Steve estimates that he’s photographed about a hundred people since he started Bound Leather Zine in 2017 – in their leather gear and all their unapologetic power – around 75 of which ended up in the newly published book. With digital photography indispersed with polaroids, grittier film stills and installation documentation, it makes for a compelling portrait of a community deeply impassioned by sexual expression. 

“I trace my history with this project. At some point, I realised that I was carving out a place for myself by the skin of my teeth,” Steven admits. “Finding this world got me on the track that I needed to be on in life. So it seems like a survival vehicle for me.”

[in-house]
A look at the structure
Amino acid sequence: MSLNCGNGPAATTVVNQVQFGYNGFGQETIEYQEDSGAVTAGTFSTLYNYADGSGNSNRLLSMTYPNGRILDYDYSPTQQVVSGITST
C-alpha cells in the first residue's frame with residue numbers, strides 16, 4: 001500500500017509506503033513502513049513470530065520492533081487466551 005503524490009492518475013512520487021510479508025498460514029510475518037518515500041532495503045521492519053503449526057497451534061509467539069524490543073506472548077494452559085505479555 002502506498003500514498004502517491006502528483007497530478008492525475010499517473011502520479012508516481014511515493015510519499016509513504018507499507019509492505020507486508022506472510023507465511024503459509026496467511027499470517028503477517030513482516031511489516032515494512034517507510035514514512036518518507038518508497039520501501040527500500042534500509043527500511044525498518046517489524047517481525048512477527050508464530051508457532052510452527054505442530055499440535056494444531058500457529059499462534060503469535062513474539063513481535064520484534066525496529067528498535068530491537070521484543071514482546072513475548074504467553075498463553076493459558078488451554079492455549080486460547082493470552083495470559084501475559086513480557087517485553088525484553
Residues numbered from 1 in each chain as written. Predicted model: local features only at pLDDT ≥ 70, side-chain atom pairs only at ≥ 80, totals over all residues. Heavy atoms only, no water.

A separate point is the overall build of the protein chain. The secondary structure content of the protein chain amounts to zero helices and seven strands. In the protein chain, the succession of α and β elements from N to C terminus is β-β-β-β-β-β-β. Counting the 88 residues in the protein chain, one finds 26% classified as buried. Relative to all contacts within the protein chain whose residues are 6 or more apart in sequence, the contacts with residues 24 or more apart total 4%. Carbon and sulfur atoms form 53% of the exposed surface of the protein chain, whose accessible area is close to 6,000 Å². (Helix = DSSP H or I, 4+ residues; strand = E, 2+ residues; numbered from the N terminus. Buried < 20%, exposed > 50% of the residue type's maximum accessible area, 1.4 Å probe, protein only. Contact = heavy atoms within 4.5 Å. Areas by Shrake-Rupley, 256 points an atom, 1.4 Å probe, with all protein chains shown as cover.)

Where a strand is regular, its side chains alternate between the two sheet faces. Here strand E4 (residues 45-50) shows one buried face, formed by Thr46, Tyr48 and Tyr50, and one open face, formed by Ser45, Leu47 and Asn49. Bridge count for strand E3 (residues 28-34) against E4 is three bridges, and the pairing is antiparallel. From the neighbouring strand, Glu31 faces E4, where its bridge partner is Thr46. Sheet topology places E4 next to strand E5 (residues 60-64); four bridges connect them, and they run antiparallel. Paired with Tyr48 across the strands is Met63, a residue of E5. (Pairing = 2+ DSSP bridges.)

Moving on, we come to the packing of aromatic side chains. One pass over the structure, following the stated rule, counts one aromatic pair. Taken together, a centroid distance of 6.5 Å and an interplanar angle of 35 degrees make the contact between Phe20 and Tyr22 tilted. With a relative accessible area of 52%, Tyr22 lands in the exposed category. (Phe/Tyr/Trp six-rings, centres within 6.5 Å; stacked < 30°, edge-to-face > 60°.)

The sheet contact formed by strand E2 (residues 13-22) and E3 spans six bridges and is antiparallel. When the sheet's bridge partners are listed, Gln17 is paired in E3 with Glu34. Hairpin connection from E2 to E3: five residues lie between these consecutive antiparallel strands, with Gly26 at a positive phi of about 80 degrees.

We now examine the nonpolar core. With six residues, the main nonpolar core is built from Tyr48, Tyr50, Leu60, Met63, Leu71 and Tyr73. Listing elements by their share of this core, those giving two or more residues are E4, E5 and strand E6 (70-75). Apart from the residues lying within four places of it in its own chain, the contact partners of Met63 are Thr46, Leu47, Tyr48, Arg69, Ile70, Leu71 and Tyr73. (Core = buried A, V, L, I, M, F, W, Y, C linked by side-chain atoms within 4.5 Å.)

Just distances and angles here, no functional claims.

person with tattoos holding their leather hat wearing a leather waistcoat, harness and a bandanna

Finding his artistic path was not a straightforward process. During his time studying photography, he focused his creative exploration on mid-century Americana, 1950-60s aesthetics with classic cars, motels and pinup girls. These interests gradually led him to discovering homoerotic publications of the era, like Physique Pictorial. “I really liked the Trojan Horse element of pitching these magazines as exercise magazines while they were essentially porn, which was illegal to distribute at the time,” he recalls. “The two things were kind of happening parallel to each other — my own interest in leather and fetish and my personal life and sexual life and then my artwork. But I gradually started dipping my toes in the water.”